The Architecture of Intelligence - Derrick de Kerckhove
conducted by Álvaro Bermejo
[...] AB: We have left the “global village”, we surf the Web of Webs but the technical abilities of the average citizen are not much greater than those of a Neanderthal. Beneath the veneer of culture, what sort of human being is this digital culture creating?
DdeK: The average citizen is always in Neanderthal mode. That is why we get such Neanderthalian politicians. The digital culture is the cognitive phase of electricity. Just as we took the muscular phase (heat, light and energy) for granted, we are taking this new phase for granted. Most people only worry about how their body works when they have a backache, or about their car when they have to bring it to the garage. And even then, they don’t want to know. But there is hope. The transformation is happening just as surely and unconsciously as it did at the time of the council of Trent when wise people were trying to put an old order into a religion that was being rapidly undermined by a totally new conception of man. Today, we are literally run over by the globalized and connective condition of humankind without the slightest moment of doubt.
AB: You claim that information processing systems – especially hypertext – are extensions of our mind, rather like psychotechnologies. If we juxtapose your data with the latest advances in genetic engineering and cloning, what sort of future awaits us?
DdeK: I call them psychotechnologies because they have one specific feature that they do not share directly with genetic engineering, that is their relationship to language. All technologies that code, sort and transport language also modify it and modify the speaker, listener, and generally the user of language. Language entertains an intimate relationship with our mind and all technologies that affect language also affect the strategies we use to organize time, space and self. Hence psycho-technologies restructure our minds. But even if genetic engineering can eventually affect the way we (or the animals we change) think, it bypasses language to address the basic building materials of the physical being. These are different, although equally important manipulations of the status quo of our being. I can’t predict the future that awaits us, my sole ambition is to predict the present.
AB: Why does “virtual culture” seem to us to be an innocent concept whereas the idea of “virtual democracy” appears suspect?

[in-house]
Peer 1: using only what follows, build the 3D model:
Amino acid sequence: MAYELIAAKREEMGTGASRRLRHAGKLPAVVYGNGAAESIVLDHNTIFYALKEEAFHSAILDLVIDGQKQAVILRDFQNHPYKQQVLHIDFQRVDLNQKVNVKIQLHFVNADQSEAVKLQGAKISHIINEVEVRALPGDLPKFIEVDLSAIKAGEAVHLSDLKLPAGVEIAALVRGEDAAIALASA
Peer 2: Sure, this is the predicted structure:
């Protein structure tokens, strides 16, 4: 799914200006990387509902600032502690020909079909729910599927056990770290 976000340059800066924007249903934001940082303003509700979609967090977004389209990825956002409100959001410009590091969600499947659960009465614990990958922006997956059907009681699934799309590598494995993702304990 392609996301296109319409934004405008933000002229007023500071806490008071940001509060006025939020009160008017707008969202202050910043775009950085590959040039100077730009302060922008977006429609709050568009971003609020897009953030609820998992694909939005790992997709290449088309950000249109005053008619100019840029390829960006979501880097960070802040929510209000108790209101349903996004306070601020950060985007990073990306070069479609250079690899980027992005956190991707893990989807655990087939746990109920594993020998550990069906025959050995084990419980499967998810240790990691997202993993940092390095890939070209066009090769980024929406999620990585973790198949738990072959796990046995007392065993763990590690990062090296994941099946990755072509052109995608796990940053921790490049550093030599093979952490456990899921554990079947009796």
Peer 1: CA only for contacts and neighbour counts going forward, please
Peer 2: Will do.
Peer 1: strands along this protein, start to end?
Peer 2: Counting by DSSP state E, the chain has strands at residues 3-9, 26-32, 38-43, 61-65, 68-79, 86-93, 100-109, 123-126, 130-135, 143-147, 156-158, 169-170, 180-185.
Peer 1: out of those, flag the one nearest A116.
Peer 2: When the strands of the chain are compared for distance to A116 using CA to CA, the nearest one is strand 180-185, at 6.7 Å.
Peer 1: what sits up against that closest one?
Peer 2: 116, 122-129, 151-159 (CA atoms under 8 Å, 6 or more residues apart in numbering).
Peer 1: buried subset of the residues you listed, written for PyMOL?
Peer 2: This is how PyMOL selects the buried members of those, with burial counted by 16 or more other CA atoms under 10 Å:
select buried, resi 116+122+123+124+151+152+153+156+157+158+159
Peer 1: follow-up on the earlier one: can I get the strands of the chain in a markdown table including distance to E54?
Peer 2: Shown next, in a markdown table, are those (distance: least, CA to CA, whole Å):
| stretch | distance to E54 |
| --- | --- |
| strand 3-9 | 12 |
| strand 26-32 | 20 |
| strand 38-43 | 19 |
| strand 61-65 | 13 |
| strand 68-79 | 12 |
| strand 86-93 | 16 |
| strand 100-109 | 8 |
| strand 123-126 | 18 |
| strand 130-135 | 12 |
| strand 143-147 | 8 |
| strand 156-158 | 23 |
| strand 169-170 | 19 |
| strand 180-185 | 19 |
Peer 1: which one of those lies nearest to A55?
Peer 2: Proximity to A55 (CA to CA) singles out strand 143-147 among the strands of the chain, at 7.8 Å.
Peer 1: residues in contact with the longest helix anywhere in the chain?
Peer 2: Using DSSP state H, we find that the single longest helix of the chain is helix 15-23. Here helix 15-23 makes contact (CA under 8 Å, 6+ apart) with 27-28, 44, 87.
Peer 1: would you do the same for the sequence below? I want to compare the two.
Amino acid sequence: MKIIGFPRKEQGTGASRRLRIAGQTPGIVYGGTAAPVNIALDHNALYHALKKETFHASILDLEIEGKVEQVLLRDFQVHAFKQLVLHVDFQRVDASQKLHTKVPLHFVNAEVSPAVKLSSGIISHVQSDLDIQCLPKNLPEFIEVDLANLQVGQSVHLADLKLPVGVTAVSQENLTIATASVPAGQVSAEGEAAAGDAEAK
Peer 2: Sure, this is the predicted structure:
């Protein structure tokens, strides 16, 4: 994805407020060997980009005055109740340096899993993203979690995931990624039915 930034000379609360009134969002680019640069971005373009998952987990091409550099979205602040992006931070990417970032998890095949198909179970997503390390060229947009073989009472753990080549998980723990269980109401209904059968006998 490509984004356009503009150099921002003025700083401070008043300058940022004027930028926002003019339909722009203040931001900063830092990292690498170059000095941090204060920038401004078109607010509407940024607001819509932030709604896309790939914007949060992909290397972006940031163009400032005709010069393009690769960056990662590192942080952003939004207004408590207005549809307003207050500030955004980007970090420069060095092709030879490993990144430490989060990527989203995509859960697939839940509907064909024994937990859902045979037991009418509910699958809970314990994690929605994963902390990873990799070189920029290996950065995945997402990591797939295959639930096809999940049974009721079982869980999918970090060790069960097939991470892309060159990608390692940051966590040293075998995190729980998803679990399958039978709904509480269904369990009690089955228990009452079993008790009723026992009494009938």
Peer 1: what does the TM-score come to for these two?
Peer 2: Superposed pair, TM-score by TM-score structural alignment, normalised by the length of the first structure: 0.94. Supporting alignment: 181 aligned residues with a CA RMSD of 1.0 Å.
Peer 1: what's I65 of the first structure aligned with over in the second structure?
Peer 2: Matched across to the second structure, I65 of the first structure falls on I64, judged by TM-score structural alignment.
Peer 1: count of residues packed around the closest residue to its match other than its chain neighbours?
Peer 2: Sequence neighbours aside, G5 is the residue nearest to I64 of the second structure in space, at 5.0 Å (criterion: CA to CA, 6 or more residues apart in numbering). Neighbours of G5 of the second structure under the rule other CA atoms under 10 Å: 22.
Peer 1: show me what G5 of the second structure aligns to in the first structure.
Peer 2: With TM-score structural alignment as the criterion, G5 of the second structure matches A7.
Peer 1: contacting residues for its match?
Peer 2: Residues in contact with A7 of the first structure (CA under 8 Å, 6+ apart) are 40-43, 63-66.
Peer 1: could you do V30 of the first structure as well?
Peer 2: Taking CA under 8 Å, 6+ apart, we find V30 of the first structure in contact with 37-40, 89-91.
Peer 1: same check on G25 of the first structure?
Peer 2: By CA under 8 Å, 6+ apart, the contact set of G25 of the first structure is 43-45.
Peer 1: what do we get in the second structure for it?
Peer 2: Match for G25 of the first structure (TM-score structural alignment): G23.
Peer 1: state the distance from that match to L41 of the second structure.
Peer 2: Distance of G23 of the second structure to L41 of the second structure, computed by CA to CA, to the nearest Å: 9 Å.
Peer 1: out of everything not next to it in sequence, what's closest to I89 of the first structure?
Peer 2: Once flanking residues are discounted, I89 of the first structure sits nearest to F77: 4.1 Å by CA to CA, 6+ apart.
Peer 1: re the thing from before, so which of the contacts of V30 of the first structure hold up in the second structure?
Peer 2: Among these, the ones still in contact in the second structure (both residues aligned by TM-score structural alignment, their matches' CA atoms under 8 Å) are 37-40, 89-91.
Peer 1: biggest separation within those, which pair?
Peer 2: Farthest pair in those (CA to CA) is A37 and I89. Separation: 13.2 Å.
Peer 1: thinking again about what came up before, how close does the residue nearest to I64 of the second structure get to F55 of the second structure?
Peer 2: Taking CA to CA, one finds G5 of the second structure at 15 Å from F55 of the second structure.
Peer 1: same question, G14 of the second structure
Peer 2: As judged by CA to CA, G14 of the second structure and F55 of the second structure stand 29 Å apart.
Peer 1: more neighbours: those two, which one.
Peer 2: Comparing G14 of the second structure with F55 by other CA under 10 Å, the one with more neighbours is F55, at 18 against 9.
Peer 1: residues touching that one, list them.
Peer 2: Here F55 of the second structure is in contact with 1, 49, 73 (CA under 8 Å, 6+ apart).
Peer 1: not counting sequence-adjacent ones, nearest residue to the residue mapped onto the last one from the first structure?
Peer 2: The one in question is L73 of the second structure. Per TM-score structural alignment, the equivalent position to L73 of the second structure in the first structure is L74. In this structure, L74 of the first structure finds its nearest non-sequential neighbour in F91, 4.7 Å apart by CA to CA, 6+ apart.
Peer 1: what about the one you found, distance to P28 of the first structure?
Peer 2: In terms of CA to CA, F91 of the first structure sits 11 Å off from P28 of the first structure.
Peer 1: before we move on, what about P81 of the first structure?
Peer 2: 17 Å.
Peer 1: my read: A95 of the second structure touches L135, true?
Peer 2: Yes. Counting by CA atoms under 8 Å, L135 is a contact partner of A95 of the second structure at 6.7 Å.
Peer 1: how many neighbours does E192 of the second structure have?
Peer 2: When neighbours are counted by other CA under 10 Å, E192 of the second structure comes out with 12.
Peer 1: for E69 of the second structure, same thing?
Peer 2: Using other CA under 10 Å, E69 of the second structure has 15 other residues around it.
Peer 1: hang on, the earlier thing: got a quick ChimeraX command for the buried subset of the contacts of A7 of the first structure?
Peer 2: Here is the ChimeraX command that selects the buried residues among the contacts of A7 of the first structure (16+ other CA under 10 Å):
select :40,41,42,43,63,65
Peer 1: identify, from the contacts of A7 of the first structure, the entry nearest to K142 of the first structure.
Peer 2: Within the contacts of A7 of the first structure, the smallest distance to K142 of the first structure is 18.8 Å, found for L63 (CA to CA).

DdeK: Actually neither concept is innocent. Arthur Kroker wrote some rather perceptive and biting comments on the Virtual Class and the Data Trash world; on the other hand, with blogs, virtual democracy seems at least to represent a possible transmutation of democracy without losing its principal character, which is to give power to the people in reasonably equal measure. The present question is to what extent can the larger bulk of the population of the world participate usefully in blogs. [...]
II International Philosphy Convention in Sila, june 28 2007, Serra Pedace - june 29/30 2007, Silvana Mansio - Francesco Saverio Alessio - Antonio Tursi - Emiliano Morrone - Derrick De Kerkhove - photography: Carmine Talerico - © copyright 2007
In Connected Intelligence, Derrick de Kerckhove speculates on the consequences of massive global networking and what might happen if it reaches a critical mass of "connected intelligence." Will the sum total of people's connected intelligence be vastly more intelligent than any one person's intelligence could hope to be? This startling proposition points directly to the possibility that we are undergoing one of the greatest leaps in the evolution of our species. Connected intelligence may be the next step in the evolution of human intelligence.
Connected Intelligence (Somerville, 1997) introduced his research on new media and cognition.
One of the proposed GVS Architectural concept (Paolo Di Caterina, architect) - The Global Village Square (GVS) is a public service. It will allow people to meet across land and sea, but as if they were in a common ground.
Derrick de Kerckhove has been working on The Global Village Square, a global architecture project proposing a permanent public video-meeting point between Toronto and two Italian cities, Naples and Milan. "The Global Village Square (GVS) is grounded in electronic, not physical space, but it is just as durable and at least as "natural" as electric lighting in the city. The space joining Milano and Toronto, for example, would be the first of its kind in history, but I expect that one day many cities, including some of the economically and politically struggling communities will be connected this way. This kind of development may one day be required to install and mantain peace and global civility".
Marshall McLuhan (1911-1980) was a Canadian educator, philosopher and scholar - a professor of English Literature, a literary critic and a communications theorist. McLuhan's work is considered as one of the cornerstones of the study of media theory.